Lurking Horror is an odd, transitional piece. It’s still very committed to Infocom-isms even as it explores a genre (Lovecraftian horror) that was new to them. Set in a stand-in for the MIT campus, it already draws a line between computers and horror; instead of a book of forbidden knowledge, the protagonist inadvertently connects to a server containing such a document. Many of the standards of the survival horror genre show up here: A weak and confused protagonist; a conveniently isolated setting (in this case, the campus is snowed in by a blizzard); collecting pieces of text as a way of advancing the plot. It doesn’t have the benefit of jump scares (though it does introduce audio as a way of building atmosphere) or horrifying visuals; it’s much more about slowly mounting dread than about shock.
And it’s odd seeing Stories Untold reference the tropes of the survival horror genre; some of those ideas do go back to The Lurking Horror, but they’ve clearly been filtered by generations of games in between; gone is the clever spatiality of Lurking Horror’s puzzles. Instead, at one point, Stories Untold asks us to type a code into a four-digit keypad lock; a moment that feels almost like a dig at the triteness of modern horror game interaction.
Anchorhead (Michael Gentry, 1998) is, for the “classical” era of hobbyist parser IF, the ur-horror text. It’s larger and more complex than Lurking Horror, an enormously ambitious piece. It’s also dripping with the sort of overwrought Gothic atmosphere we associate with HP Lovecraft. Here, the mechanics of world-simulation, which Stories Untold eschews, are used to deliver atmosphere. Any outdoor location might batter you with rain; crossing from inside to outside entails the player character opening her umbrella. It’s first and foremost an atmosphere and mood piece, even though it still wraps itself in the traditional puzzles-and-plot structure of a parser adventure.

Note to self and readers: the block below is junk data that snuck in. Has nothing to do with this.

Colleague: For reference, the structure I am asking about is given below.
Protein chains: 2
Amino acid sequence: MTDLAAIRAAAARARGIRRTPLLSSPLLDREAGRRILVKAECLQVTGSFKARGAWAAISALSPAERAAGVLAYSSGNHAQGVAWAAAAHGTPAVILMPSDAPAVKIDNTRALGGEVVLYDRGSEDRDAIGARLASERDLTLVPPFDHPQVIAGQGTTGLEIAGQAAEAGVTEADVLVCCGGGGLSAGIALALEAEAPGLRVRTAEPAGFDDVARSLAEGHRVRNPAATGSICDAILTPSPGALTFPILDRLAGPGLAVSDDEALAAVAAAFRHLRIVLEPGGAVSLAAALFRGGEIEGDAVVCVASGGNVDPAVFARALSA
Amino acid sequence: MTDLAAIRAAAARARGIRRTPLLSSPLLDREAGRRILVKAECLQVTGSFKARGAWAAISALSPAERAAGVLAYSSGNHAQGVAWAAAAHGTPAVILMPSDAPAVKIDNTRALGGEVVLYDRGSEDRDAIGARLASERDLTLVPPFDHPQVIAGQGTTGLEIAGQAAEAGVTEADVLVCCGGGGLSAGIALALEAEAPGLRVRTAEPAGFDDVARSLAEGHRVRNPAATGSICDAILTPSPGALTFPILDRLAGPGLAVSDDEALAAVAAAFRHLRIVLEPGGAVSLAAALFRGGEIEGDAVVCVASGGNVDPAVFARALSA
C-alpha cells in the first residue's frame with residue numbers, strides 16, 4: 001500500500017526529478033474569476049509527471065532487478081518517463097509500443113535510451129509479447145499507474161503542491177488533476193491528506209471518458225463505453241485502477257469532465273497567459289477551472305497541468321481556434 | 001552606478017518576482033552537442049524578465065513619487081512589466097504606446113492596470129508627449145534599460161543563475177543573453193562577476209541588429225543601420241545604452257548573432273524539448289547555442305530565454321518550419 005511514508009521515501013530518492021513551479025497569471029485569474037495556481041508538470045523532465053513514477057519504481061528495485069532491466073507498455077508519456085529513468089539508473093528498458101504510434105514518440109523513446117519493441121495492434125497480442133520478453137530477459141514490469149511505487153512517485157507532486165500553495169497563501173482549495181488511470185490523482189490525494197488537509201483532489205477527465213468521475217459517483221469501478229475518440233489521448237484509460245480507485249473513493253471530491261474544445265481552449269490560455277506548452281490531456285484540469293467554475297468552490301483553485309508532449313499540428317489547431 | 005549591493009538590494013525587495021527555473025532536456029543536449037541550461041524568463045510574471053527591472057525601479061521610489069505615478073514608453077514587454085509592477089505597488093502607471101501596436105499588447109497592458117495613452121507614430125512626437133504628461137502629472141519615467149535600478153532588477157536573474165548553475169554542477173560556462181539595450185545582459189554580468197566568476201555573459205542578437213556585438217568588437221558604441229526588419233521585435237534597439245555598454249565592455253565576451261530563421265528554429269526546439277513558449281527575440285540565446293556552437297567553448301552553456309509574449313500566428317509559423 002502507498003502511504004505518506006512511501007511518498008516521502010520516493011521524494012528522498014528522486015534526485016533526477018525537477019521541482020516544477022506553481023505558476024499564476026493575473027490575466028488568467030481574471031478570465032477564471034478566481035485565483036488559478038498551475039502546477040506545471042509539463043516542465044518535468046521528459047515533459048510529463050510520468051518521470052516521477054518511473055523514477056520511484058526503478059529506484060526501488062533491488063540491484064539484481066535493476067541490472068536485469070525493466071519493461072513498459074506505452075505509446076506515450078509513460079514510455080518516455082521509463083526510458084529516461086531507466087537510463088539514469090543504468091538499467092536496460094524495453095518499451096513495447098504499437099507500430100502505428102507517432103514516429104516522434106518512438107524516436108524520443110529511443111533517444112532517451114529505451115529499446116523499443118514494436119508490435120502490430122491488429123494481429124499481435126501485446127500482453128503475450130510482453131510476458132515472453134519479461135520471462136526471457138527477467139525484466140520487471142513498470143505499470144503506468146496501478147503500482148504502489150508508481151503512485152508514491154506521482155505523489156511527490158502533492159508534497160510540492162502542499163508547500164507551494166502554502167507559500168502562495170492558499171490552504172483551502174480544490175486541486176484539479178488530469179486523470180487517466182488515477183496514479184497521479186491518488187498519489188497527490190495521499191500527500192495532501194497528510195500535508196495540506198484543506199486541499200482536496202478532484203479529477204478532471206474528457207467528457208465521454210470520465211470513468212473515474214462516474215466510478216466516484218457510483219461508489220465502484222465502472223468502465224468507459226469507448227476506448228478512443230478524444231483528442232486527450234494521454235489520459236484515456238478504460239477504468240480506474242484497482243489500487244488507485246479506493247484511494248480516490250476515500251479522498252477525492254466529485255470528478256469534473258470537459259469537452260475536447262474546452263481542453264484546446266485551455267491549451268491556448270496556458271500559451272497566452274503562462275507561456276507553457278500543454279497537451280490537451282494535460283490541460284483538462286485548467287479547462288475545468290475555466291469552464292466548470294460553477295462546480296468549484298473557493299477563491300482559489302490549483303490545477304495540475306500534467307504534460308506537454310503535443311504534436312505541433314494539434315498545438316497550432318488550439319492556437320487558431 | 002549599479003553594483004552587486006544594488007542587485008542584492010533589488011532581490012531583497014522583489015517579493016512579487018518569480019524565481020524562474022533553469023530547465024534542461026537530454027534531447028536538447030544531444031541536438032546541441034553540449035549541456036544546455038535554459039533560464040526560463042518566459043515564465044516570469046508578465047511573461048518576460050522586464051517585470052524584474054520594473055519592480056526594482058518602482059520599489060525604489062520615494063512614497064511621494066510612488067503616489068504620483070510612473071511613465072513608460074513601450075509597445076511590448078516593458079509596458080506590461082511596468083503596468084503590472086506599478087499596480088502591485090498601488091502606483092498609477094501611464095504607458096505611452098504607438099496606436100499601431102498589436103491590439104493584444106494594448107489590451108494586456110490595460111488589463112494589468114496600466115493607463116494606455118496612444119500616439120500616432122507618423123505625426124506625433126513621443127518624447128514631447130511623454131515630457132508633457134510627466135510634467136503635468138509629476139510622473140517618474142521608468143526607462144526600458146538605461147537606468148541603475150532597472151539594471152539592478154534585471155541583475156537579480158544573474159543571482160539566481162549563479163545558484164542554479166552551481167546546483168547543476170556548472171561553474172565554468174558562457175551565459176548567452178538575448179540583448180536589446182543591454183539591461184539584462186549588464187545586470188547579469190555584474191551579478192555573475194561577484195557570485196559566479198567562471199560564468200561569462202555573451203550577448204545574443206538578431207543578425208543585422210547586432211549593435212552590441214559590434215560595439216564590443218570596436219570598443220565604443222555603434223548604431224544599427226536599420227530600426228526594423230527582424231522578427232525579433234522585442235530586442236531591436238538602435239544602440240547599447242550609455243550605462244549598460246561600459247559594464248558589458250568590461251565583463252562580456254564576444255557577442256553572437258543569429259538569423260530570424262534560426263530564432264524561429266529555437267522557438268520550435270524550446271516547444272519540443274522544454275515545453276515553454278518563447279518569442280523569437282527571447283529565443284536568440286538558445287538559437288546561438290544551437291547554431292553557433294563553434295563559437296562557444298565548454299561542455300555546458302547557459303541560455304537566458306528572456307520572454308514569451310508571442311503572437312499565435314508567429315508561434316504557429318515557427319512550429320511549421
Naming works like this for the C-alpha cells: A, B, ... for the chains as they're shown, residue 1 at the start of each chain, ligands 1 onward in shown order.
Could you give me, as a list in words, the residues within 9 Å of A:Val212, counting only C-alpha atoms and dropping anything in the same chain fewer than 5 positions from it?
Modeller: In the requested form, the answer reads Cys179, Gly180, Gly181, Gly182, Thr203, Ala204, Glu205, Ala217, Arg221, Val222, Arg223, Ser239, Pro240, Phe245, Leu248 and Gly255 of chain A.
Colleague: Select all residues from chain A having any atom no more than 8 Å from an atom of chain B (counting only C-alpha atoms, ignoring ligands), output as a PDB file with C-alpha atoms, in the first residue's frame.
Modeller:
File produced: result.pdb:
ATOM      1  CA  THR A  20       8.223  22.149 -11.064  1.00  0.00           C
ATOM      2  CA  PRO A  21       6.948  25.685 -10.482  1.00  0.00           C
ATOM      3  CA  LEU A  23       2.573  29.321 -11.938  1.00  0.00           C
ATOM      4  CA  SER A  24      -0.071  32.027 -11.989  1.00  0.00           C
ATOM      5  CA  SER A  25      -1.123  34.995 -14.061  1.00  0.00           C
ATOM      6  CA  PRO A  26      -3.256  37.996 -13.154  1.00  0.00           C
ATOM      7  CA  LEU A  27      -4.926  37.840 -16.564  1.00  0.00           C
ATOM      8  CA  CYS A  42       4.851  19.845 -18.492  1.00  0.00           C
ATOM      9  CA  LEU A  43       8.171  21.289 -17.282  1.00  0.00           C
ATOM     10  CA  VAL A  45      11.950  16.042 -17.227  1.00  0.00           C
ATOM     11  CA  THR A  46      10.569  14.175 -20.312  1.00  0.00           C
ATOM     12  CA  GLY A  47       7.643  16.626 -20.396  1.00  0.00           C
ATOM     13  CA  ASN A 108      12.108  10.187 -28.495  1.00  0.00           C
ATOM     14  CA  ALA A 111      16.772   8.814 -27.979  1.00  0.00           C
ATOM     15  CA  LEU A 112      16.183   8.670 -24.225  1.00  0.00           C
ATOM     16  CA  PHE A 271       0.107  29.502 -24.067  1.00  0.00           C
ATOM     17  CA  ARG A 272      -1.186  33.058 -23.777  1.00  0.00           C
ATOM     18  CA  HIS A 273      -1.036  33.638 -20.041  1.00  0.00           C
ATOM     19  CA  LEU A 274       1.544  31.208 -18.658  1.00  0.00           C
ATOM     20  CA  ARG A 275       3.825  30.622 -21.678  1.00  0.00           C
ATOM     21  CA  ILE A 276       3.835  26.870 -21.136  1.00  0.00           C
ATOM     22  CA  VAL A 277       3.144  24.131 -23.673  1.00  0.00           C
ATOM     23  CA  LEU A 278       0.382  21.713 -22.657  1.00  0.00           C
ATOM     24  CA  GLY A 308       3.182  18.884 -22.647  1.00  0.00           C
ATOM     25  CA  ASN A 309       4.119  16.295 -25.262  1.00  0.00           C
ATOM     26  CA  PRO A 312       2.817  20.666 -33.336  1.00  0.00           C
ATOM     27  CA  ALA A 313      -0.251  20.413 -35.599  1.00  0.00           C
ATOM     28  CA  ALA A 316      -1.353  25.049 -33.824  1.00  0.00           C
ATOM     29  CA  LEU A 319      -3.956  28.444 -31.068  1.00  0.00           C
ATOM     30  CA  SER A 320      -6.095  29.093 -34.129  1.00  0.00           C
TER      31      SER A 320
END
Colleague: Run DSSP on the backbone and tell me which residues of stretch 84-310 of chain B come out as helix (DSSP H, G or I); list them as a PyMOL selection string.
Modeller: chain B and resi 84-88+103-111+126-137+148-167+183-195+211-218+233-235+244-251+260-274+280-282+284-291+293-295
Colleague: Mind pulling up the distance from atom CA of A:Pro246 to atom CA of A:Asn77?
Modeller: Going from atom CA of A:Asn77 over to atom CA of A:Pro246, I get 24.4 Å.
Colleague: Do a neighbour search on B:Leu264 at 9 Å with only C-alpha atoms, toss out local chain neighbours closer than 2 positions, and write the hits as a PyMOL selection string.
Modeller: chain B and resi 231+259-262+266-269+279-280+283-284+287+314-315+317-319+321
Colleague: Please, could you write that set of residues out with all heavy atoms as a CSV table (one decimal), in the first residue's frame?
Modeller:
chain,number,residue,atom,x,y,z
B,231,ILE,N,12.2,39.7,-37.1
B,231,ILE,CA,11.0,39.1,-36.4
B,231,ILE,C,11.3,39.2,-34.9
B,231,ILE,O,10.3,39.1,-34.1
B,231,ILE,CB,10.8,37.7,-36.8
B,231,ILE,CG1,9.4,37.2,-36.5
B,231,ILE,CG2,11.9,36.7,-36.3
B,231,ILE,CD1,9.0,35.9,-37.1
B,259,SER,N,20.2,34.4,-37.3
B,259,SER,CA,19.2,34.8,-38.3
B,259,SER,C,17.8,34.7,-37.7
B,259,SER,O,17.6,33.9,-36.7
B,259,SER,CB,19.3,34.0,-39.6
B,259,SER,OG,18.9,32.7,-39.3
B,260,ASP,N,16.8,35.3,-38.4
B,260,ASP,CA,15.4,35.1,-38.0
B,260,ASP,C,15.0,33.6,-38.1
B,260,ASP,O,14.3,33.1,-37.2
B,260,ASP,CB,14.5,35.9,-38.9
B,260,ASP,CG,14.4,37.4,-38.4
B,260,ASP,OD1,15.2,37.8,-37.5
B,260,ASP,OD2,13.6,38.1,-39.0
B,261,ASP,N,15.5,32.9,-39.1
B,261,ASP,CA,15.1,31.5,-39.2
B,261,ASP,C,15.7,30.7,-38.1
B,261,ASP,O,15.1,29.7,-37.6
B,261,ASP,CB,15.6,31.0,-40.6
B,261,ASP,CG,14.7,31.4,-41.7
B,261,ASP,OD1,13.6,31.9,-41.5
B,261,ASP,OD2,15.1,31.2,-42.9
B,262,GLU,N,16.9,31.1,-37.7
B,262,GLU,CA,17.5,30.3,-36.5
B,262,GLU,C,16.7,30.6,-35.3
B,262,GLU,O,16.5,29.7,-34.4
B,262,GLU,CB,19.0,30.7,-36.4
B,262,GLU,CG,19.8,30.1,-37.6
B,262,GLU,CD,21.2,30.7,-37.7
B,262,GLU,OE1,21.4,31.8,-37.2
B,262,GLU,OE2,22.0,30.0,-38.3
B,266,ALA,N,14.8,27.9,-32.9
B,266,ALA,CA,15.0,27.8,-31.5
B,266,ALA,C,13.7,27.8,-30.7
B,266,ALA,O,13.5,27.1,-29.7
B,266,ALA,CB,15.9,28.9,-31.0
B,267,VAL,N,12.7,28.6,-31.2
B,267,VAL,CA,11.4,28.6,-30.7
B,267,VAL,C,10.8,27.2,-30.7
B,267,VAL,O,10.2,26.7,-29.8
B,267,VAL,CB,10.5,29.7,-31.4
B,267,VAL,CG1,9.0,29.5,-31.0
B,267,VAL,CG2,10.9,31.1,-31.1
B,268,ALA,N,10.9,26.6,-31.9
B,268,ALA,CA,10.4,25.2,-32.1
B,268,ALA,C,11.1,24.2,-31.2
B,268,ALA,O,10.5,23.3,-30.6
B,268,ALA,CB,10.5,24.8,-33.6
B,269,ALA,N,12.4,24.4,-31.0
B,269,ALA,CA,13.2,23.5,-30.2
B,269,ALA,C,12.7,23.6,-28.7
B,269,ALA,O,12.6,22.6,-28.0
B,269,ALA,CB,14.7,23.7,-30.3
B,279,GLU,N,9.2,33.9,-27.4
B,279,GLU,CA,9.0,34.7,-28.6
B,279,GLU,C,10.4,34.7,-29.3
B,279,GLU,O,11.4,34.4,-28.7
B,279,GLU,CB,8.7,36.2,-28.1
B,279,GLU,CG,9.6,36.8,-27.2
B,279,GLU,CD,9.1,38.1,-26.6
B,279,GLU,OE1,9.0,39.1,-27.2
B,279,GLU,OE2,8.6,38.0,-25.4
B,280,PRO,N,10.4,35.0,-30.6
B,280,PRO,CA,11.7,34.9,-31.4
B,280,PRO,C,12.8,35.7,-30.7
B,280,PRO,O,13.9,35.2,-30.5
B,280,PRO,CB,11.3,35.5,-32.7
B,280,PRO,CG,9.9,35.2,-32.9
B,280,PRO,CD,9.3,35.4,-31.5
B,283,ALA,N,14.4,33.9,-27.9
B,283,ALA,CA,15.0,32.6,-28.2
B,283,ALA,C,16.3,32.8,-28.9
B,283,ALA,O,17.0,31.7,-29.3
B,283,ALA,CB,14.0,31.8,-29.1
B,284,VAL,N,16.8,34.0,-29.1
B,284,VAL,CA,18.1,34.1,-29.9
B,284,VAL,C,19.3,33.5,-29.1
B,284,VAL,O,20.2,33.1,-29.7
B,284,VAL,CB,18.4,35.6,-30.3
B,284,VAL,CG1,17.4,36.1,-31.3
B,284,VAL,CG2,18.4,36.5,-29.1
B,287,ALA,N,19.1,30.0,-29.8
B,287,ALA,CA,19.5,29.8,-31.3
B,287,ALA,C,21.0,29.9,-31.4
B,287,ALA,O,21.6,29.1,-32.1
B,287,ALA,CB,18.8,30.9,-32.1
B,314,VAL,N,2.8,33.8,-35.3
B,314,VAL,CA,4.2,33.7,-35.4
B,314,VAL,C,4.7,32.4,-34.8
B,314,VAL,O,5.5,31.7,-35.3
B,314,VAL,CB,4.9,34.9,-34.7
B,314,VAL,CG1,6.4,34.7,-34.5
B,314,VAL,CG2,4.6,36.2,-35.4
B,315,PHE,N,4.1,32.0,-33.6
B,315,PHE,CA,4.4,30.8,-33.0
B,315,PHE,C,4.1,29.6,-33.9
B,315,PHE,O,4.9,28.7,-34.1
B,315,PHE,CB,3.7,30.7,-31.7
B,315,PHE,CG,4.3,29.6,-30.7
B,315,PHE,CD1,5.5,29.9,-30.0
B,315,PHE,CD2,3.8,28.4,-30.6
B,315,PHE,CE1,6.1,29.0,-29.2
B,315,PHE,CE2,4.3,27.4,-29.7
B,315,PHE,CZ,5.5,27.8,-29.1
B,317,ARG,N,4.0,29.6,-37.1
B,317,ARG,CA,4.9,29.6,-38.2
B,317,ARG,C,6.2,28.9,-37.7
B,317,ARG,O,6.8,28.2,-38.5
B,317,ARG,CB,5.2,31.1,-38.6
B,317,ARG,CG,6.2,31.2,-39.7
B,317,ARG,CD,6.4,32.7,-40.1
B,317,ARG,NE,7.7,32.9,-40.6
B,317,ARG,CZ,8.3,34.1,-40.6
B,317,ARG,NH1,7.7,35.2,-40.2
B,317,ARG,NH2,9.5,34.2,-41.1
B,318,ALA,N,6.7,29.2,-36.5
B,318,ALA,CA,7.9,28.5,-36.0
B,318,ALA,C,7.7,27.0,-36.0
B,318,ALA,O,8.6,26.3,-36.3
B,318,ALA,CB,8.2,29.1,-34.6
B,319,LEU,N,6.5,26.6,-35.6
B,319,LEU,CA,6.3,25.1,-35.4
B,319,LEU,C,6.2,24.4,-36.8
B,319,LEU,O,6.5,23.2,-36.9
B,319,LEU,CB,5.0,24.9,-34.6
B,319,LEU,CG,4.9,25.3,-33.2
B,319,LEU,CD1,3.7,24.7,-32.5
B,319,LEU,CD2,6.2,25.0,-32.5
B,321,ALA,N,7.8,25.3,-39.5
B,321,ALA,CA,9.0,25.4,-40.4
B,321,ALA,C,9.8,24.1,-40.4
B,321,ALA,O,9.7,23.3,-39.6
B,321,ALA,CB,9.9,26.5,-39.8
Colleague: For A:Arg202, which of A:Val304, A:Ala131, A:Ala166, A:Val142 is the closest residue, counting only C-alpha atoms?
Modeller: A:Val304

And atmosphere is really where Stories Untold puts most of its attention. Depending on the chapter, rain or snow might pour outside; thunder might crash at opportune moments, or the lights might flicker. Sometimes there’s clinical fluorescent lighting overhead; sometimes the environment is lit only by the machines you’re interacting with. But in Anchorhead, there’s this tighter integration between atmosphere and interaction; the game works harder to “sell” its environment through the actions the player is forced to take. You’re occasionally compelled to manually open the umbrella, so as to stop the player character from getting soaked. You might squeeze into dusty crawlspaces or descend muddy inclines. In Stories Untold, there are first-person walking segments that are a little too detached to quite place you in that space as effectively as the text-based interaction in Anchorhead does.
Slouching Towards Bedlam (Star Forster and Daniel Ravipinto) is as much a metatextual, Borgesian piece as it is a horror story. It uses the format itself, the conventions of video games and adventure games in particular, as a narrative device and a source of dread. Saving, loading, and restarting the game are treated as plot mechanics; and, in places, needed to fully explore the story. Slouching wants you to do things in the game before you explore or interact with the world enough to understand why you would do them; it wants you to restart and use knowledge you got from a previous play session. And in this, it achieves the sensation of really being a horror protagonist, of having terrible knowledge and bringing yourself to act on it.